Incyte's Opzelura clears skin in children with atopic dermatitis, but safety remains a question

Fighting for a place in the competitive atopic dermatitis market, Incyte hopes to reach younger patients with its JAK inhibitor cream Opzelura. A new pivotal trial win may help the company reach that goal, but safety concerns may present a challenge in a forthcoming market clash.

In a phase 3 trial in children ages 2 to 11 with atopic dermatitis, Opzelura cleared skin in significantly more patients than a nonmedicated topical control did, Incyte said Tuesday. The drug, a topical version of the ruxolitinib ingredient used in Jakafi, is currently approved in eczema patients 12 and older.

The trial, called TRuE-AD3, showed that Opzelura takers had a better chance at achieving clear or almost clear skin with at least a two-point improvement on the Investigators’ Global Assessment Treatment Success (IGA-TS) score at the eighth week. The trial, therefore, hit its primary endpoint.

The readout comes a few weeks after Roivant Sciences’ Dermavant said its rival cream Vtama hit the goals of two phase 3 atopic dermatitis trials in patients as young as 2. Arcutis Biotherapeutics also recently touted a win for its Zoryve cream in two phase 3 trials in eczema patients 6 years of age and older, with a separate study in children ages 2 to 5 expected to report topline data later this year.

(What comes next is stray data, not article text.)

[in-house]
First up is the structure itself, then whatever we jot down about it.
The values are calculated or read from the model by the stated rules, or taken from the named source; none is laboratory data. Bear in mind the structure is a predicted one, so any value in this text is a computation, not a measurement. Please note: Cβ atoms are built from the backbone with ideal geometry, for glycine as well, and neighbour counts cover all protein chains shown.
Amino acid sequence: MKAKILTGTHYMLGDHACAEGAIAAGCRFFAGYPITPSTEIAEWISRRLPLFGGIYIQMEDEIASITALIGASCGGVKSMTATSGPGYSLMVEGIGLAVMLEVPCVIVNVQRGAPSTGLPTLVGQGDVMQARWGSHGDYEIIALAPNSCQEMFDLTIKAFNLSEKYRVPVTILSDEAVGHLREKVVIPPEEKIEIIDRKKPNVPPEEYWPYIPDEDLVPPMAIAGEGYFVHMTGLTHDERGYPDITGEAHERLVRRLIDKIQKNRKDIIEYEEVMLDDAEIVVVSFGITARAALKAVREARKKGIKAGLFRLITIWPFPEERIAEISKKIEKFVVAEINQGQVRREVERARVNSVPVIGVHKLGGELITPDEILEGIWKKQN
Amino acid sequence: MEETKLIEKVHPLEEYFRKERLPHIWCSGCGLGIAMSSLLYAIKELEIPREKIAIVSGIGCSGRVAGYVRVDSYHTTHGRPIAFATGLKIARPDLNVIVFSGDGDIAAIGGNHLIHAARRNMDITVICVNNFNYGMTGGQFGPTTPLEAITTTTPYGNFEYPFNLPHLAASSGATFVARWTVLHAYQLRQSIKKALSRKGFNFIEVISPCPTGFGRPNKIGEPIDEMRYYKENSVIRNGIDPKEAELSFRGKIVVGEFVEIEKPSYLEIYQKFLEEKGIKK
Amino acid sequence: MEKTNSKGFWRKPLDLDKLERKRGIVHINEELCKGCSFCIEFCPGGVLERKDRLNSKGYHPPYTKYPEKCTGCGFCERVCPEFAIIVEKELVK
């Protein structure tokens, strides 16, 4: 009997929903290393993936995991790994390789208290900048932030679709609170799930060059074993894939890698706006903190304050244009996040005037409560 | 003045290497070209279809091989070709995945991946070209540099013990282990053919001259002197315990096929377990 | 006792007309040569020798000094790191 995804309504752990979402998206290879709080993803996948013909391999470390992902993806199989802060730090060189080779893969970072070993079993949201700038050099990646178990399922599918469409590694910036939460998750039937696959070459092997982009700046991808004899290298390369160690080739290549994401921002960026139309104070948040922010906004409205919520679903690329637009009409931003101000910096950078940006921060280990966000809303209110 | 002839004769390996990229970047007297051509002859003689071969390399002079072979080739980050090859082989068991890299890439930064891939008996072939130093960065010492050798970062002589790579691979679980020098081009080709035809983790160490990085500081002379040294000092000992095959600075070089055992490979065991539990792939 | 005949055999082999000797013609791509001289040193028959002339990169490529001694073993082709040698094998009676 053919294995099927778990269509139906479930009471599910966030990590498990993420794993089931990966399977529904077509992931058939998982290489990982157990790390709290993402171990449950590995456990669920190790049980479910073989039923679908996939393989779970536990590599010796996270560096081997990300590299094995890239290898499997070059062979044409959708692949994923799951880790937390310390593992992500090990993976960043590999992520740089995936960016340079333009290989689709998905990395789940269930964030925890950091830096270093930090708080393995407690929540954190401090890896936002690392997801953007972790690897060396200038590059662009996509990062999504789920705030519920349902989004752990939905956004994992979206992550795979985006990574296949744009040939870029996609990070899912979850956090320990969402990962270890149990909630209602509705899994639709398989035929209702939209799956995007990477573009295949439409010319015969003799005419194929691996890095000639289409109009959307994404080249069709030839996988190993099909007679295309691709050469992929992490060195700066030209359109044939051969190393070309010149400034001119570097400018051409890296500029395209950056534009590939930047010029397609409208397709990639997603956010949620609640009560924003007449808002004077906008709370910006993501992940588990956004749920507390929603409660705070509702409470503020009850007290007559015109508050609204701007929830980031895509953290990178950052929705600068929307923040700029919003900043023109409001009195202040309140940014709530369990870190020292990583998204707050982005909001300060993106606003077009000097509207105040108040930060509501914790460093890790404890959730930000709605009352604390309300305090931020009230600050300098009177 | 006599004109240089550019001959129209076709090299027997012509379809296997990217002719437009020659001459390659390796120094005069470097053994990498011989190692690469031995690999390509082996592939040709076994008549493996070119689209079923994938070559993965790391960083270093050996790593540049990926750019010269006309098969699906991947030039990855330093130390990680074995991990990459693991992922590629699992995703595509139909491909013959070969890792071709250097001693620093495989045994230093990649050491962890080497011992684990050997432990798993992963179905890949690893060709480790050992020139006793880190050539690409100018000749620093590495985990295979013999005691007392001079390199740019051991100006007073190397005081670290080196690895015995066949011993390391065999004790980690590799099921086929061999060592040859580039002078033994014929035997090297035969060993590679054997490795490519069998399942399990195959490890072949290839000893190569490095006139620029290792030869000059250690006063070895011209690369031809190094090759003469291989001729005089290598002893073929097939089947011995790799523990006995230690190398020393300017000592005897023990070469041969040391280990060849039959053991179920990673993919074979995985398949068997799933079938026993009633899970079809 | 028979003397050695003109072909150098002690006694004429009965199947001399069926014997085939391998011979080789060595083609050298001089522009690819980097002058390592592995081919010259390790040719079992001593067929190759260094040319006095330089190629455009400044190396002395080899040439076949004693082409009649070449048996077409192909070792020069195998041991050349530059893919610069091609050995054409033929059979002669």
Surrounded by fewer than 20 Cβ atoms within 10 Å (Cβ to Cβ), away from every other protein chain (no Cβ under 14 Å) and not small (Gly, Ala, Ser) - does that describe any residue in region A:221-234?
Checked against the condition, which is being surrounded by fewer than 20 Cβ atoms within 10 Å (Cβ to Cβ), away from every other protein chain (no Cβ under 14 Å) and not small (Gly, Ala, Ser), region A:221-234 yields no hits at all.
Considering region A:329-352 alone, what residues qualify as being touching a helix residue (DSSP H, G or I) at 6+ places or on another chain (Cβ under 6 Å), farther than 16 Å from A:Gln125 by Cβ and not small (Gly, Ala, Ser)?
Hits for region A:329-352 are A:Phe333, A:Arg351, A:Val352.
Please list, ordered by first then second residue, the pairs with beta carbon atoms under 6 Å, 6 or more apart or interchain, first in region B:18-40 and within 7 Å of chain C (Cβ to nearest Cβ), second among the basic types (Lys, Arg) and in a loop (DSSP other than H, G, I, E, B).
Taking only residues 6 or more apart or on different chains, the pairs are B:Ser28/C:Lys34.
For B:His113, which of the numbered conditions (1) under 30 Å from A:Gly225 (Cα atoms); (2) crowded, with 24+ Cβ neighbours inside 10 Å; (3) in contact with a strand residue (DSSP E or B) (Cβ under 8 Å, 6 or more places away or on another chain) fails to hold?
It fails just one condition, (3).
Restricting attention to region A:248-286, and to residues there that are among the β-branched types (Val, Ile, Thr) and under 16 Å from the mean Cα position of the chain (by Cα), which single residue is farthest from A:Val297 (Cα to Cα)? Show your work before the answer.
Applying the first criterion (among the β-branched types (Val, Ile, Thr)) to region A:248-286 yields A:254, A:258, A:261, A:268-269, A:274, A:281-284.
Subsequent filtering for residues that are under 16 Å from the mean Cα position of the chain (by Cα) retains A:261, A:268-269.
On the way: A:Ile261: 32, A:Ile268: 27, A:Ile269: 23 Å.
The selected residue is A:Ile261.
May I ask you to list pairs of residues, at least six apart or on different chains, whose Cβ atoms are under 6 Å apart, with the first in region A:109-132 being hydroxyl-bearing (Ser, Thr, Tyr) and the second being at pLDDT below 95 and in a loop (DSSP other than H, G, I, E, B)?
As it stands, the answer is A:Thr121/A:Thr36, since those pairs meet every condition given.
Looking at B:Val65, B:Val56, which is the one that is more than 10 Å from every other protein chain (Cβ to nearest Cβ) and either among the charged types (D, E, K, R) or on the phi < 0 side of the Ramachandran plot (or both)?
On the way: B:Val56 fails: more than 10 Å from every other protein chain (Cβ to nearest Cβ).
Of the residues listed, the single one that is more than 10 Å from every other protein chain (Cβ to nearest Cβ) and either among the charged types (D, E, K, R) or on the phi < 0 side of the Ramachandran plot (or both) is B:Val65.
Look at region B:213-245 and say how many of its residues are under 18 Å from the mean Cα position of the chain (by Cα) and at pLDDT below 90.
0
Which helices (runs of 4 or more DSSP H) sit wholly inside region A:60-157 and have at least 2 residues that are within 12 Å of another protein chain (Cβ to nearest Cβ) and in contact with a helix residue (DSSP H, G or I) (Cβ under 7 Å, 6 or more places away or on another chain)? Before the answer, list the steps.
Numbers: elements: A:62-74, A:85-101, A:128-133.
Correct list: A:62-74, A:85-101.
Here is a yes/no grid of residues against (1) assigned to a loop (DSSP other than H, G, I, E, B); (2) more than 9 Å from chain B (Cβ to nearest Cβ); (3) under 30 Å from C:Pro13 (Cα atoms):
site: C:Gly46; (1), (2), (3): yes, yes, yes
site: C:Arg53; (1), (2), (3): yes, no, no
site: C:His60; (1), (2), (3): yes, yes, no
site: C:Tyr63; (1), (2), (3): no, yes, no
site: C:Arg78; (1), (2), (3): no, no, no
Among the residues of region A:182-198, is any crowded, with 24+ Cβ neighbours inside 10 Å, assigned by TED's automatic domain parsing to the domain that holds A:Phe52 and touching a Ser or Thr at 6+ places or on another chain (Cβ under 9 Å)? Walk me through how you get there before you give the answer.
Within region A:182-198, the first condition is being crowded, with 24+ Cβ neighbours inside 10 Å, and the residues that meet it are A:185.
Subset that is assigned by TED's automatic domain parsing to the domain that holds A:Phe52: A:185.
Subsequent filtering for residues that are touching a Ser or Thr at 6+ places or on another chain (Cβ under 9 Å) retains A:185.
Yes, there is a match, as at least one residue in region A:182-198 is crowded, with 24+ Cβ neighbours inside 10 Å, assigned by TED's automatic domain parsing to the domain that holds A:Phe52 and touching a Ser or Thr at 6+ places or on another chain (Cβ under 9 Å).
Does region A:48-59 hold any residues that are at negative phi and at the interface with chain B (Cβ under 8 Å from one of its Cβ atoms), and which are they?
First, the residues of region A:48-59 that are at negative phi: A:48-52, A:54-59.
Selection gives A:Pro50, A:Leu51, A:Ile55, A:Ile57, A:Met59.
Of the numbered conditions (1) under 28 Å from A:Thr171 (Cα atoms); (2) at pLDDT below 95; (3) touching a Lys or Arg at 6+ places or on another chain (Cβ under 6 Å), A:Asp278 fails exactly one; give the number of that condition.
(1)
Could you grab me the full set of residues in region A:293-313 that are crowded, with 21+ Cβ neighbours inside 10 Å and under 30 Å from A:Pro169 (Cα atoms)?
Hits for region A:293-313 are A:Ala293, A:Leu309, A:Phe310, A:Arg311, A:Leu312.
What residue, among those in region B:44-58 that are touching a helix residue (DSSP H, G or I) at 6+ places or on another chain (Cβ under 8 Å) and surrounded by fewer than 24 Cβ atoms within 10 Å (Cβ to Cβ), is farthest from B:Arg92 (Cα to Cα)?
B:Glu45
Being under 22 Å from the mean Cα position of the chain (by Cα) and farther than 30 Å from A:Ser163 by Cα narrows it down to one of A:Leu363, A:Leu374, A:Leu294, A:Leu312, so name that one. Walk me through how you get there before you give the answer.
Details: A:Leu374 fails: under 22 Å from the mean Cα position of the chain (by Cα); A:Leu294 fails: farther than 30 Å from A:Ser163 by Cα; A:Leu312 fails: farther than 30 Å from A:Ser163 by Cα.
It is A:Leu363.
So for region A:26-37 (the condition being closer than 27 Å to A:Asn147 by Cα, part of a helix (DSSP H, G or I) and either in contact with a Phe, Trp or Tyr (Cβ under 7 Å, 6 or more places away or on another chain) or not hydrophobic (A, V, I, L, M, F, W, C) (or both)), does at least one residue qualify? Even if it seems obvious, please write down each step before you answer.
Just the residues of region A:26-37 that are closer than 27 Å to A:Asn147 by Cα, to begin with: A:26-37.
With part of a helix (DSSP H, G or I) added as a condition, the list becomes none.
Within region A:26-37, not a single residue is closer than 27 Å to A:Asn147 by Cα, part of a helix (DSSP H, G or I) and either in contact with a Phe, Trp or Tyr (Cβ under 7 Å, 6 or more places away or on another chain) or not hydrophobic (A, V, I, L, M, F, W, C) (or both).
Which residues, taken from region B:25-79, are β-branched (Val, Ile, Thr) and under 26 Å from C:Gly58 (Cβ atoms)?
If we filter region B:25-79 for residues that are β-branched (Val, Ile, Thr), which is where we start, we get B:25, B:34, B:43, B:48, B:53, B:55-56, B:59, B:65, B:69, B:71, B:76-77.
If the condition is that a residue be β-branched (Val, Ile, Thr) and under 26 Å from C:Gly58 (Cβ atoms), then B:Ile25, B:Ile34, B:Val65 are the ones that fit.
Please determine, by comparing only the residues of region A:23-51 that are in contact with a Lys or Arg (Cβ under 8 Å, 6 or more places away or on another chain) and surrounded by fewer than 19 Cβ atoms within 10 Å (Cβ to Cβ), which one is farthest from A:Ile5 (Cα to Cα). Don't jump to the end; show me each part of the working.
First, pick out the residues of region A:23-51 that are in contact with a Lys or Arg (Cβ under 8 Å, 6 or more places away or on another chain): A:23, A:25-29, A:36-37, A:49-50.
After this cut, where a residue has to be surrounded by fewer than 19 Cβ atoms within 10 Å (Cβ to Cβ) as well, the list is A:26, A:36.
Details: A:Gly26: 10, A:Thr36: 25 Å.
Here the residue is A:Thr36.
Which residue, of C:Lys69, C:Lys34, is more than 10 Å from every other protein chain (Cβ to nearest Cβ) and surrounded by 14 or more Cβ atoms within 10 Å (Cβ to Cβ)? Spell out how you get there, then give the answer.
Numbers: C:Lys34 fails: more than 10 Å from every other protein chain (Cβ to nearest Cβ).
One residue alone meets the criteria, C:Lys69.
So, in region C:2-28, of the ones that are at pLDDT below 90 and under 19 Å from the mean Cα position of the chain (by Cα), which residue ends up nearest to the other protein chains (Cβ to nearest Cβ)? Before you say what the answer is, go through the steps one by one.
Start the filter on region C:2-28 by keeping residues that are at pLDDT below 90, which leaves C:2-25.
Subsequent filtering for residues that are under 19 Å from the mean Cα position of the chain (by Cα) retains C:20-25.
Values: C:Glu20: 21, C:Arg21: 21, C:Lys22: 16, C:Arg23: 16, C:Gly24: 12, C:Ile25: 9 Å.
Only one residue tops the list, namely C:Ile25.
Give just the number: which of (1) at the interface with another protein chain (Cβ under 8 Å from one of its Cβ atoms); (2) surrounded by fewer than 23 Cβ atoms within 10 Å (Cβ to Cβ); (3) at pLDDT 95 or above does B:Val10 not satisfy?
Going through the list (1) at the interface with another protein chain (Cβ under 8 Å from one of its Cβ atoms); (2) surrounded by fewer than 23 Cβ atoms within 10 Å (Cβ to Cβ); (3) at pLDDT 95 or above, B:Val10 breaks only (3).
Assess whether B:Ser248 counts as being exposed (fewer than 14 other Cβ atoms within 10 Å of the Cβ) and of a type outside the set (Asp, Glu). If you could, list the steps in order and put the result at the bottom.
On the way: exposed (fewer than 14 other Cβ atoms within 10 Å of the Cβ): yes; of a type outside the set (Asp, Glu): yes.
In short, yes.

In Opzelura’s case, a JAK classwide box warning could be a heavy cross to bear.

When approving Opzelura for eczema in 2021, the FDA slapped a box warning on the topical drug’s label. The warning discusses increased cardiovascular disease risks, serious infections and other side effects that were observed in studies of oral JAK inhibitors.

For the original approval in patients 12 years and above, Opzelura is made of 1.5% ruxolitinib and given twice daily. For the TRuE-AD3 trial in younger patients, Incyte tested both that dose and a lower 0.75% strength.

The company didn’t share specific efficacy or safety data but said the drug’s overall safety profile is “consistent with previous data” with no new safety signals observed. The trial remains ongoing to collect long-term safety data.

Incyte will discuss the data with regulatory agencies to determine the next steps, Jim Lee, M.D., Incyte’s VP for inflammation & autoimmunity, said in a statement Wednesday. By the company’s estimates, eczema affects about 2 million to 3 million children ages 2 to 11 and more than 21 million people 12 years and older.

Meanwhile, Incyte's Opzelura could use a market expansion. The drug’s sales disappointed in the first quarter, coming in at $57 million, or an 8% sequential decline. At that time, Leerink Partners analysts noted that Vtama and Zoryve are expected to enter the eczema market by the second half of 2024. These two drugs don’t have box warnings in their approved plaque psoriasis uses.

Incyte has also been suffering from a high discount rate for Opzelura at around 50% to 60% as of the first quarter. Payers could leverage the potential competition to push for bigger discounts, the Leerink team said in a May note.

Opzelura at the 1.5% strength currently boasts the strongest efficacy data among the three agents, although cross-trial comparisons can be problematic, the Leerink team noted in a May report. Vtama’s data across a wider age group looked comparable to Opzelura at the 0.75% strength in the previous TRuE-AD trials in older patients.

After Vtama’s readout, Leerink analysts put the Dermavant drug’s peak U.S. sales at above $1.5 billion. By comparison, the team figured Opzelura could reach global peak sales of $721 million.